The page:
The Press: Foot Race In Moscow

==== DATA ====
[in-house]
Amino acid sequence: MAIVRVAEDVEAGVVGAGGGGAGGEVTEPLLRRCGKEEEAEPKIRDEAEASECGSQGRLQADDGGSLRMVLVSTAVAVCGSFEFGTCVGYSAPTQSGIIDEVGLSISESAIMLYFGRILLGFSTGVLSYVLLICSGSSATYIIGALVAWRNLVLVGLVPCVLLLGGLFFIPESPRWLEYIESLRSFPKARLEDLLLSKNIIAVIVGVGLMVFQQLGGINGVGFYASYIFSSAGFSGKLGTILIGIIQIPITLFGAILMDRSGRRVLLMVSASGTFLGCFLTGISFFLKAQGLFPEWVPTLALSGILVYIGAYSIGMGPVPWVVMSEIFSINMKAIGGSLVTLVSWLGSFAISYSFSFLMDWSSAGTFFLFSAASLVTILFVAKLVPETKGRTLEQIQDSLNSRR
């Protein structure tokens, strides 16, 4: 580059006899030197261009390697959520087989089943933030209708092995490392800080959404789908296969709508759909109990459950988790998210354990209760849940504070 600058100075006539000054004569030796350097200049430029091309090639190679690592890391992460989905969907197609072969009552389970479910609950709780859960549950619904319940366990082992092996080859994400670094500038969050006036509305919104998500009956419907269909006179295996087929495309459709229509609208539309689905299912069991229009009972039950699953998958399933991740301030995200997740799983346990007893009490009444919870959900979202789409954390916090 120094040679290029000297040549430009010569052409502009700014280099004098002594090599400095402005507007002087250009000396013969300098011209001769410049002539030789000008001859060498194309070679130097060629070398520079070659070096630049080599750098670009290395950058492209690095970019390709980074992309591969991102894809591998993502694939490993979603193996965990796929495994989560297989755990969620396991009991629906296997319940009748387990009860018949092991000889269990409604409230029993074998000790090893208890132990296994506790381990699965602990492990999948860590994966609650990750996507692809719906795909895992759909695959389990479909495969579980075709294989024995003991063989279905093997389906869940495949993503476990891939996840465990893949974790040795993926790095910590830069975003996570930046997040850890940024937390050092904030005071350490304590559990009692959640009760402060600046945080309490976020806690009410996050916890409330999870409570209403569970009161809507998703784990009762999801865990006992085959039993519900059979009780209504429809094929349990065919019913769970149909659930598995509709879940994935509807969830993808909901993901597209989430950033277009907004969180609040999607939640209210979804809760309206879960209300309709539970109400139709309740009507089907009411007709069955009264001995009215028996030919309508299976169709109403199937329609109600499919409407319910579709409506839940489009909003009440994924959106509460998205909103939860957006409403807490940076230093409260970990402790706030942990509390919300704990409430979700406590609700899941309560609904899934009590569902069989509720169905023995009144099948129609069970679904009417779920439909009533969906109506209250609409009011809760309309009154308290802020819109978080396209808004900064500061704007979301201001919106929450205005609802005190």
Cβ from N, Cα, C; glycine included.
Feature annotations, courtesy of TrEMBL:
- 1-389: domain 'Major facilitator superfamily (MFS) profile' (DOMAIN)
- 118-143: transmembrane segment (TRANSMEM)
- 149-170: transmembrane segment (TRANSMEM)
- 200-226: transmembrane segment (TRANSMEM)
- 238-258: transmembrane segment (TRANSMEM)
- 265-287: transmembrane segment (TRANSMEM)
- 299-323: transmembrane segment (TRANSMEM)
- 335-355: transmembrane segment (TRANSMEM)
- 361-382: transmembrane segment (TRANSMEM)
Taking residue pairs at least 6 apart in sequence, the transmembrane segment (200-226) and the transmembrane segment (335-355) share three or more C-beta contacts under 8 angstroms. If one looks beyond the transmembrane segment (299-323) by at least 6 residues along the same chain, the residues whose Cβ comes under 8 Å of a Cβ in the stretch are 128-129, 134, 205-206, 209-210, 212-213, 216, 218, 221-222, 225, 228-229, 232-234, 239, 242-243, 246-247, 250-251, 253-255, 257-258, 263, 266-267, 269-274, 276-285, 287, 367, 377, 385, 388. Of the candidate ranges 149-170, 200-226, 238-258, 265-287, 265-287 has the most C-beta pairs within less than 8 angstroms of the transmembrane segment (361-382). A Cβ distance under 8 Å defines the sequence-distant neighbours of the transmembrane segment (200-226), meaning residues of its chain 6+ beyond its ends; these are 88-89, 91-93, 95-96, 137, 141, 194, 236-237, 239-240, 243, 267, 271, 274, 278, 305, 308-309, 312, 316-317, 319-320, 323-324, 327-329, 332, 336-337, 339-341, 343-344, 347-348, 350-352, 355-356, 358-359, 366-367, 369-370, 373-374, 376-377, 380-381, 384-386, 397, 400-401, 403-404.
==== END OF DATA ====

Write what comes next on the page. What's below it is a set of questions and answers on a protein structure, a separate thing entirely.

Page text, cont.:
To the five U.S. correspondents in Moscow, the meeting last week of Russia's Supreme Soviet was a quiet story—until Chairman Volkov stepped forward and read Malenkov's resignation. Led by United Press Correspondent Kenneth Brodney. the newsmen bolted for the door, raced down four flights of stairs, and ran across three large Kremlin courtyards to their cars. While they scribbled notes, Russian chauffeurs sped them over the city's slush-covered streets to the Central Telegraph Office. Brodney got there first, put through a phone call to London and scored a clean 19-minute beat in the U.S. with the news.

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